We once shared the planet with Neanderthals and other human species. Some of our relatives may have had tools, language and culture. Why did we thrive while they perished?
What if your brain at 77 were as plastic as it was at 7? What if you could learn Mandarin with the ease of a toddler or play Rachmaninoff without …
In March 2014, scientists working on the BICEP2 telescope at the South Pole reported an incredible discovery: a swirling pattern in the cosmic background radiation that appeared to indicate the presence of gravitational waves.
By 2050, one of every four people on Earth will go hungry unless food production more than doubles. Science-based agriculture has proposed unconventional new tools—earthworms, bacteria, and even genes from sunny daffodils—to meet this towering challenge. But will such innovative ideas be enough?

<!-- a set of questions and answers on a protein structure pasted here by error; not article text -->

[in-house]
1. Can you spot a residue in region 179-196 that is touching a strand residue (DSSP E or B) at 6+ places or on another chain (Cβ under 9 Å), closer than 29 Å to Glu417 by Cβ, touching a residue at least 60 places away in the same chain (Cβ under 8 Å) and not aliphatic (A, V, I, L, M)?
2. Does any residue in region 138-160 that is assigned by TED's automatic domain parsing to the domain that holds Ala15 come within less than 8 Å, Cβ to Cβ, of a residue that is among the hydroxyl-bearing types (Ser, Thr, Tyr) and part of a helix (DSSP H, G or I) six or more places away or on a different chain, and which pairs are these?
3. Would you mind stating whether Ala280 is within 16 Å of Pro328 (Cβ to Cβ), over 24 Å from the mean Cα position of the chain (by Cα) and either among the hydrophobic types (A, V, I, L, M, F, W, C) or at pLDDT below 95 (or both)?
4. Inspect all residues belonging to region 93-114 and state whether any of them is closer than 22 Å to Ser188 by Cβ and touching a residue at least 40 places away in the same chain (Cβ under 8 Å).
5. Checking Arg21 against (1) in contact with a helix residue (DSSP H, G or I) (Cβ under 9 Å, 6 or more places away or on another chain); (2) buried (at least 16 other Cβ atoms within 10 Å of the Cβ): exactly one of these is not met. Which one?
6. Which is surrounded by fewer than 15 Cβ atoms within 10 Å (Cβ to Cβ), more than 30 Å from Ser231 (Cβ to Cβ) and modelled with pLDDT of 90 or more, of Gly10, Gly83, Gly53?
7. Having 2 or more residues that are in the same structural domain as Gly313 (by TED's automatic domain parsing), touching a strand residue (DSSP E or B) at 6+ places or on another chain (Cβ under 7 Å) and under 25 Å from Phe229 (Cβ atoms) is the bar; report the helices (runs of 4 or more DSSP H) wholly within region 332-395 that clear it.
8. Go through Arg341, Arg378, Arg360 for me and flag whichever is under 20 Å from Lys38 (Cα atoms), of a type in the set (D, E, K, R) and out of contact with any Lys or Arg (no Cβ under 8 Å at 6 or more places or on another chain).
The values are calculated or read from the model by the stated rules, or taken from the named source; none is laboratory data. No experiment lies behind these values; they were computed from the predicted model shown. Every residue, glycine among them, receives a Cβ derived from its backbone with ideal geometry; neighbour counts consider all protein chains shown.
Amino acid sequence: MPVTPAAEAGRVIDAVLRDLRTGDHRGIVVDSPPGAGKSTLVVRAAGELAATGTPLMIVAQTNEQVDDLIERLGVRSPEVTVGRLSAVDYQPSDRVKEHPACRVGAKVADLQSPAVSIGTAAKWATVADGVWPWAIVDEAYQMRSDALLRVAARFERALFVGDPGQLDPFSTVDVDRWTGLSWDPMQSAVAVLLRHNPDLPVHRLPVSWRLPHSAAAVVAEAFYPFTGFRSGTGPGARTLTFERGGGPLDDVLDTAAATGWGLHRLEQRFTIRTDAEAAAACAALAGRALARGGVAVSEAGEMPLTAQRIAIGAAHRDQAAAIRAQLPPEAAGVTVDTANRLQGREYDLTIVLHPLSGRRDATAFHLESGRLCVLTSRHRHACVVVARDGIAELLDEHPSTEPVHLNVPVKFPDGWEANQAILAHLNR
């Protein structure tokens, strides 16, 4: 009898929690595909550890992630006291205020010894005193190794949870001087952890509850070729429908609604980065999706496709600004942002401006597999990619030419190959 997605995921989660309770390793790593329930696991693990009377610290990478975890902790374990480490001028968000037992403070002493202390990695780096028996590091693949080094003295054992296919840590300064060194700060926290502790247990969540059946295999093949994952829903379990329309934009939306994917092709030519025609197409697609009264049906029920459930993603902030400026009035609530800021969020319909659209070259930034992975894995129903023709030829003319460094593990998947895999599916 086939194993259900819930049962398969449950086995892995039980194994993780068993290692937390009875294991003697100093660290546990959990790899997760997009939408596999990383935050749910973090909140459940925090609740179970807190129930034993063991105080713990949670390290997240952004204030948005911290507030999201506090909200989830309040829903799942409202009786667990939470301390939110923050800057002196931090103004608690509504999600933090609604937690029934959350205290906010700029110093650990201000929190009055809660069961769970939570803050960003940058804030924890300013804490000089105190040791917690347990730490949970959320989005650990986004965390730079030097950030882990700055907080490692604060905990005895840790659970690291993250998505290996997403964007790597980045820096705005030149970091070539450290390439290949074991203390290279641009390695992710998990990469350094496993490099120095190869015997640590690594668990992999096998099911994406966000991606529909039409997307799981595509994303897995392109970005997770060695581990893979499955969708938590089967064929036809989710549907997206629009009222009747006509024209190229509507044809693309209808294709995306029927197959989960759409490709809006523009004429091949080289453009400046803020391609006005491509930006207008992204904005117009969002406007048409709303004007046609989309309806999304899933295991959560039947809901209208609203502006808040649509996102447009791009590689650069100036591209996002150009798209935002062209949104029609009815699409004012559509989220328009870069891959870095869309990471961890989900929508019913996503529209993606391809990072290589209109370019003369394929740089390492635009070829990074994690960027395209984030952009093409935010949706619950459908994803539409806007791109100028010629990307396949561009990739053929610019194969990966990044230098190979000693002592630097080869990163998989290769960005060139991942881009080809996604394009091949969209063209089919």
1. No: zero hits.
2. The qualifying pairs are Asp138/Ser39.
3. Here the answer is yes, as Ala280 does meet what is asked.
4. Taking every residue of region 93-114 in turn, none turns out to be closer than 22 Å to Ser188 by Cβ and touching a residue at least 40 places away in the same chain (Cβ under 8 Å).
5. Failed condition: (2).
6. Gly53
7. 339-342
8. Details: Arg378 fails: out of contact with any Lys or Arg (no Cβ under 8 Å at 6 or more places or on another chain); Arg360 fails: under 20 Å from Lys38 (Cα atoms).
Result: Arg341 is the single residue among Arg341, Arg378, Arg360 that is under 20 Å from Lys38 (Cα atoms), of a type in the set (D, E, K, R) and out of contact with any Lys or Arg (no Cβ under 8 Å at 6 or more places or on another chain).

We look around us—constantly. But how often do we listen around us? Sound is critically important to our bodies and brains, and to the wider natural world. In the womb, we hear before we see.
Car accidents. Suicide bombers. Earthquakes. Death of a spouse. Why do some people bounce back from traumatic events while others do not? Is there a biological profile of resiliency?